justifiable. Furthermore, by not disclosing the medical error the nurse places his own interests
above the interests of the patient centered ethical care. This shows that medical error disclosure
to patients is justifiable and fundamental to the nature of the doctor patient relationship.
On the other hand, disclosing the information has negative implications such as the legal
liabilities, distress to patients and the loss of reputation and privileges. This could ultimately
lead to the revocation of nursing license. Legal liabilities could even lead to the doctors sued by
the patient’s family. This is because such error could form the basis for patients to seek legal

redress. The American Medical Association Council on ethical and judicial affairs states, that
regarding the legal liability, which could result from truthful disclosure, should not affect the
doctor’s honesty to the patient. Therefore, the implications and repercussions of disclosure of
the errors regarding damage to reputation, the revocation of the license should not prevent the
doctors from disclosing the information (Anderson & Townsend, 2010).
Strategies to minimize medication prescription errors

Acquisition of information through the error reporting system is essential in the
prevention of prescription faults. The error reporting system is important in ensuring that the
prescribers have information on the previous errors made in their working environments.
Furthermore, the use of computer based generated prescription systems are one of the most
effective tools for the reduction of errors (Philipsen & Soeken, 2011). This is because it
significantly reduces the risks arising from drug dispensing and administration. In addition, the
computerized based advice gives paramount benefits through guidance on optimal doses. In
addition, the use of uniform medication charts has greatly reduced medication errors. This is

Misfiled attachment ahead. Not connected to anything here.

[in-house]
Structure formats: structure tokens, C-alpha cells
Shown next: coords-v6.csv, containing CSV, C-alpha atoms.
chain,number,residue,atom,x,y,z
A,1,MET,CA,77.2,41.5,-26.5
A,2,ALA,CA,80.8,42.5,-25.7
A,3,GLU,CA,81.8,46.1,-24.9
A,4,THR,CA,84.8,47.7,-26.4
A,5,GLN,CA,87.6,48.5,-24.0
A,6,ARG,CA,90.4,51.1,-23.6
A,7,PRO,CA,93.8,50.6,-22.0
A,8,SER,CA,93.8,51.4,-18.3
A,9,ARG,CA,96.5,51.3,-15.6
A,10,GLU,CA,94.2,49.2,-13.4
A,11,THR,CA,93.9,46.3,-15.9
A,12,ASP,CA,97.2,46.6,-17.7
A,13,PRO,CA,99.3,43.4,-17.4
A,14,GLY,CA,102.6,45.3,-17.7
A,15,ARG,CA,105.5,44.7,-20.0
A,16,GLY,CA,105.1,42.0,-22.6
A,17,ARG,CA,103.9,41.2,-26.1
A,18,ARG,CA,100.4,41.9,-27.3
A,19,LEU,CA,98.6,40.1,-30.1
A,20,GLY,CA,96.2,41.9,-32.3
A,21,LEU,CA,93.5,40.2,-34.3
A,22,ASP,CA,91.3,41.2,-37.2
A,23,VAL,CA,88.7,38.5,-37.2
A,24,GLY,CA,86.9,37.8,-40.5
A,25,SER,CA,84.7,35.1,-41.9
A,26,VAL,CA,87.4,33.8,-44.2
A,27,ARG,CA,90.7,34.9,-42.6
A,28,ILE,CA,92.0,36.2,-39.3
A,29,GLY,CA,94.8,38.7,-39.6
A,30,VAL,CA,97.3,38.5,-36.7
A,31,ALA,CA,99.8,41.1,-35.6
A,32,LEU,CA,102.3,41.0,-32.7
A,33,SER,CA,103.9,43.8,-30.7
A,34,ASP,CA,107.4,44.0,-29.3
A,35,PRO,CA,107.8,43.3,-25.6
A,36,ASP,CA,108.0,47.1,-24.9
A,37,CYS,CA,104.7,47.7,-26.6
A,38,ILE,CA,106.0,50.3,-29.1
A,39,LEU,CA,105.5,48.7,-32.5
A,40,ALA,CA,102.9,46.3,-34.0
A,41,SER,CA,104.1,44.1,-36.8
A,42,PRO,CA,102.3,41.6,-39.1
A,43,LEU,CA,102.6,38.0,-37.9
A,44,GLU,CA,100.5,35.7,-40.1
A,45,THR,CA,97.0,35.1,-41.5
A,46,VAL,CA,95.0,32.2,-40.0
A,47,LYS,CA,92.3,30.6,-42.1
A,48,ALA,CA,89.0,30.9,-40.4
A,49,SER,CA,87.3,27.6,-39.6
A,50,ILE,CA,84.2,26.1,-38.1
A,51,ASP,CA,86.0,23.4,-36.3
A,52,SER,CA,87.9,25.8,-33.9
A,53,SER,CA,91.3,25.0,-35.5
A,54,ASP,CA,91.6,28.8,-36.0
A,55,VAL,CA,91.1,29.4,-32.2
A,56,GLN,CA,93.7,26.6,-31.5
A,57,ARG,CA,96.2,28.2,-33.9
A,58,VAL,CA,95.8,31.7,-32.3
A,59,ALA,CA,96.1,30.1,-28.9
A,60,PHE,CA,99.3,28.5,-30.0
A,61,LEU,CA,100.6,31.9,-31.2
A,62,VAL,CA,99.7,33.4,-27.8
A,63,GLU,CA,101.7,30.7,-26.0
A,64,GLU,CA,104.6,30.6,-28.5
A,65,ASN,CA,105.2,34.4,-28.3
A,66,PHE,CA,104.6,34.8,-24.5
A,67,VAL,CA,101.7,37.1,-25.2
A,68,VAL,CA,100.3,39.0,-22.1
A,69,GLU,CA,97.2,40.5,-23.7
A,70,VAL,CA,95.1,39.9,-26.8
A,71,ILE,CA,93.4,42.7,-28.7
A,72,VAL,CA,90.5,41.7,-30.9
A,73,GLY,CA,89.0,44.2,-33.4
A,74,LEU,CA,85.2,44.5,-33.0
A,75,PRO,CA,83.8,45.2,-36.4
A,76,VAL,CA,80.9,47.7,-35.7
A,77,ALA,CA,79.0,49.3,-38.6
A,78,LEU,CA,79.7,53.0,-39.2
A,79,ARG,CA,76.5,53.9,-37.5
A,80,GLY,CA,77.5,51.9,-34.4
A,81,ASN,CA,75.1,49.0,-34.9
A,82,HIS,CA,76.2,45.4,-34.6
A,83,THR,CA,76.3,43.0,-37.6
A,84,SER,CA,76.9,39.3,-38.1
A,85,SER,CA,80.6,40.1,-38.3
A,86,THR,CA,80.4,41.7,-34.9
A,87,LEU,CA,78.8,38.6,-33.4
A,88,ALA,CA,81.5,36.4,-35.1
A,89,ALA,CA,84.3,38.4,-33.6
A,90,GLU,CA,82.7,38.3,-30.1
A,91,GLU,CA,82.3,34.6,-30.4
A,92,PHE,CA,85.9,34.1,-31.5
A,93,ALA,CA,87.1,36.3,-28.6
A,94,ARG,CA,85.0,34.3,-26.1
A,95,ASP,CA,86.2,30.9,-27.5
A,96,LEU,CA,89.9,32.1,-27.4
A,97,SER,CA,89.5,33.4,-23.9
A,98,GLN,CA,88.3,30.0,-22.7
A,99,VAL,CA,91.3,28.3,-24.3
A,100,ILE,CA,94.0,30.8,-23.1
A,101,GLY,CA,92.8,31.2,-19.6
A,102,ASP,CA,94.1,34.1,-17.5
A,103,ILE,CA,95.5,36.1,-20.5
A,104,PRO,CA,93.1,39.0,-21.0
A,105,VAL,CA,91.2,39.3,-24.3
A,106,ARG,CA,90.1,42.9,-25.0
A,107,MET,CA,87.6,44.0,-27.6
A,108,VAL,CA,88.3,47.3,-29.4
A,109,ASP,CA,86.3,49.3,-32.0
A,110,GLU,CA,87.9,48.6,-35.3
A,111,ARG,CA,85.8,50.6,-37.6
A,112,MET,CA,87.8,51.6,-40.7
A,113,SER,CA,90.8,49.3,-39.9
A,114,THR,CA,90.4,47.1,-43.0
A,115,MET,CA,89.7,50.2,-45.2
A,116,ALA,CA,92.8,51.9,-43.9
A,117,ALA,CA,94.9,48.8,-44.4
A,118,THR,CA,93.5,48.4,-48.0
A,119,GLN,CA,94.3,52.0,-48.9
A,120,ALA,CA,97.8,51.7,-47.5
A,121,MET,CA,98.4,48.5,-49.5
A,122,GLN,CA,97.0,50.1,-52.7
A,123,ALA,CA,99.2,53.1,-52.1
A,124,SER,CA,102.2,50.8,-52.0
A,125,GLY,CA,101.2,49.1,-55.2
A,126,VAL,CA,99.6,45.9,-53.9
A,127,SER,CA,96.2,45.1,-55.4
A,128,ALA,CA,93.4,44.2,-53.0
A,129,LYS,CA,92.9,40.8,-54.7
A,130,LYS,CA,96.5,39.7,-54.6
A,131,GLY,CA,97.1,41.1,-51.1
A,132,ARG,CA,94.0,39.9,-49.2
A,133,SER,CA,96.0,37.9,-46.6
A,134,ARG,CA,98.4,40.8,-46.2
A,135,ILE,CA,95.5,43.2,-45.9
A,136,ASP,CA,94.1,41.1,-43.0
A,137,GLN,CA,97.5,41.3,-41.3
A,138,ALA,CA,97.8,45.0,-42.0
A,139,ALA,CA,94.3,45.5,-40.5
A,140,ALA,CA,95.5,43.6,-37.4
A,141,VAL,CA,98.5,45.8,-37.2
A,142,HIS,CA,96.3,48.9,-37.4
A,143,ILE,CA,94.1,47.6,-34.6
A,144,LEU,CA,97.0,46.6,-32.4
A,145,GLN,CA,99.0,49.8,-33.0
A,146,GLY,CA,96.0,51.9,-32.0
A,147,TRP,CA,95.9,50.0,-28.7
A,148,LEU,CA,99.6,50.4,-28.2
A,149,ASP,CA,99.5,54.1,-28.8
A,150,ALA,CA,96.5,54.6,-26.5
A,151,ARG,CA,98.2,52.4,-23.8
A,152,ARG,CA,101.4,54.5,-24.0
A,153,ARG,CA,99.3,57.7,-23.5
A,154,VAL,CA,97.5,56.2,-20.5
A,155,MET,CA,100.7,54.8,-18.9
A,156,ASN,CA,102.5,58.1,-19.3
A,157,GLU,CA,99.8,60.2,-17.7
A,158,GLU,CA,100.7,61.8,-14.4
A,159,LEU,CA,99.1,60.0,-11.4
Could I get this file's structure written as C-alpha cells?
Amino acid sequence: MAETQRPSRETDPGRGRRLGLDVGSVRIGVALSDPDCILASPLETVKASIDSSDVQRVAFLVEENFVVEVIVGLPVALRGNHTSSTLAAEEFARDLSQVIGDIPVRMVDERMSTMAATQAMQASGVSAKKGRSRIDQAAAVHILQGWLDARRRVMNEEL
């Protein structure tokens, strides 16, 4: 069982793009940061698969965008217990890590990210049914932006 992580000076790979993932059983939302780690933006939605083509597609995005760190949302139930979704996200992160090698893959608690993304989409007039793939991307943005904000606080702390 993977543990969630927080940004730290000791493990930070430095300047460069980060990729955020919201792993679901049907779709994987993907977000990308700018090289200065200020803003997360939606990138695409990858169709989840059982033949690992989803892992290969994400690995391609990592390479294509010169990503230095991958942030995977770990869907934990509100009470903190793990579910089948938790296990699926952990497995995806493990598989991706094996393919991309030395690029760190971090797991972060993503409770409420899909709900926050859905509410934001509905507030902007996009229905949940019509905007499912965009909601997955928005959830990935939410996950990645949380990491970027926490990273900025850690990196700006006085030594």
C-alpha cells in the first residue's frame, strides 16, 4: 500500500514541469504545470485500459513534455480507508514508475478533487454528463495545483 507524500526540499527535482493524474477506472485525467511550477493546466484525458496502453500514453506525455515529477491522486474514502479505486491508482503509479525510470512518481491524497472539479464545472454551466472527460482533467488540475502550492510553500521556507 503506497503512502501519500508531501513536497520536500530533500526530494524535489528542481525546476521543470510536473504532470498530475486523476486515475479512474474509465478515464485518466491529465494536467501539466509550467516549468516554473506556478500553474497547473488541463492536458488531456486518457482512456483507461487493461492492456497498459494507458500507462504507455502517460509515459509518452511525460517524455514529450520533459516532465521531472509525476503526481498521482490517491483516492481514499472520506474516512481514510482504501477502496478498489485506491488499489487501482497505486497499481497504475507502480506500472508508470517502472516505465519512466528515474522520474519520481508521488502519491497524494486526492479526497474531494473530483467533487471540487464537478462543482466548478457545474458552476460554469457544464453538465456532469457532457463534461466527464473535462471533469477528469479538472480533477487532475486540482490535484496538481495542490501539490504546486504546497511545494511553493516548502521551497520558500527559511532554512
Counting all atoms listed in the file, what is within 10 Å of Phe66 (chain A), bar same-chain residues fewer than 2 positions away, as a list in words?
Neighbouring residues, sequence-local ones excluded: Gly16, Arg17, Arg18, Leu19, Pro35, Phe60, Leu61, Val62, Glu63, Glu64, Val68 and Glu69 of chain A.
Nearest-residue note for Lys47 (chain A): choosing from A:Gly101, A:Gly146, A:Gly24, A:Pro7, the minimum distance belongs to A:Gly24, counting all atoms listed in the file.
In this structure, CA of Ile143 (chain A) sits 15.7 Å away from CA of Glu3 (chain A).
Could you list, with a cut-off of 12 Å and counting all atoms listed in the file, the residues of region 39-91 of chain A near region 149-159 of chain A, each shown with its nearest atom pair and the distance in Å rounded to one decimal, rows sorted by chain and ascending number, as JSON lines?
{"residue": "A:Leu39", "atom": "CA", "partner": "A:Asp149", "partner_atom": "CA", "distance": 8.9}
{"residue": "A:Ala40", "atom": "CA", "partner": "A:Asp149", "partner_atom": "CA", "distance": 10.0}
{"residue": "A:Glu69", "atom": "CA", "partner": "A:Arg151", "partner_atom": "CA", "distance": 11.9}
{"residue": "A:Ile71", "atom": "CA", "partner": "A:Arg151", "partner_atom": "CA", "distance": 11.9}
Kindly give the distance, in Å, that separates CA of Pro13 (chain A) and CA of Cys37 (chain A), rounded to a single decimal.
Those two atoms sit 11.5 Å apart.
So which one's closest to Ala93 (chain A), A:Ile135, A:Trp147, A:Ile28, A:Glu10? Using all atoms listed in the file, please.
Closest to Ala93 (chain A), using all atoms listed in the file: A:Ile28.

because it forces the staff to develop interdisciplinary collaboration and procedures.


It is essential to disclose prescription errors to the patients, as it is a moral obligation for
the nurses irrespective of the legal implications to the medical fractioned. Disclosure of medical
errors to the patients is justifiable and important in maintaining trust between the doctor and the
patients. Furthermore, the hospital needs to devise mechanisms through which better
prescriptions achieved to reduce prescription errors. Inadequate knowledge or incomplete
information about clinical characteristics and previous medication history could result in the

administration of inappropriate medication to the patients. The complexity of prescribing
procedure should be minimized to omission errors.



Archangel, V. P., & Peterson, A. M. (Eds.). (2013). Pharmaco-therapeutics for advanced
practice: A practical approach (3rd Ed.). Ambler, PA: Lippincott Williams & Wilkins.
Chapter 1, “Issues for the Practitioner in Drug Therapy” (pp. 2–14).
Crigger, N., & Holcomb, L. (2008). Improving nurse practitioner practice through rational
prescribing. The Journal for Nursing Practitioners, 4 (2), 120–125.
Drug Enforcement Administration. (2006). Practitioner’s manual.
Philipsen, N. C., & Soeken, D. (2011). Preparing to blow the whistle: A survival guide for
nurses. The Journal for Nurse Practitioners, 7 (9), 740–746.
Anderson, P., & Townsend, T. (2010). Medication errors: Do not let them happen to you.
American Nurse Today, 5 (3), 23–28.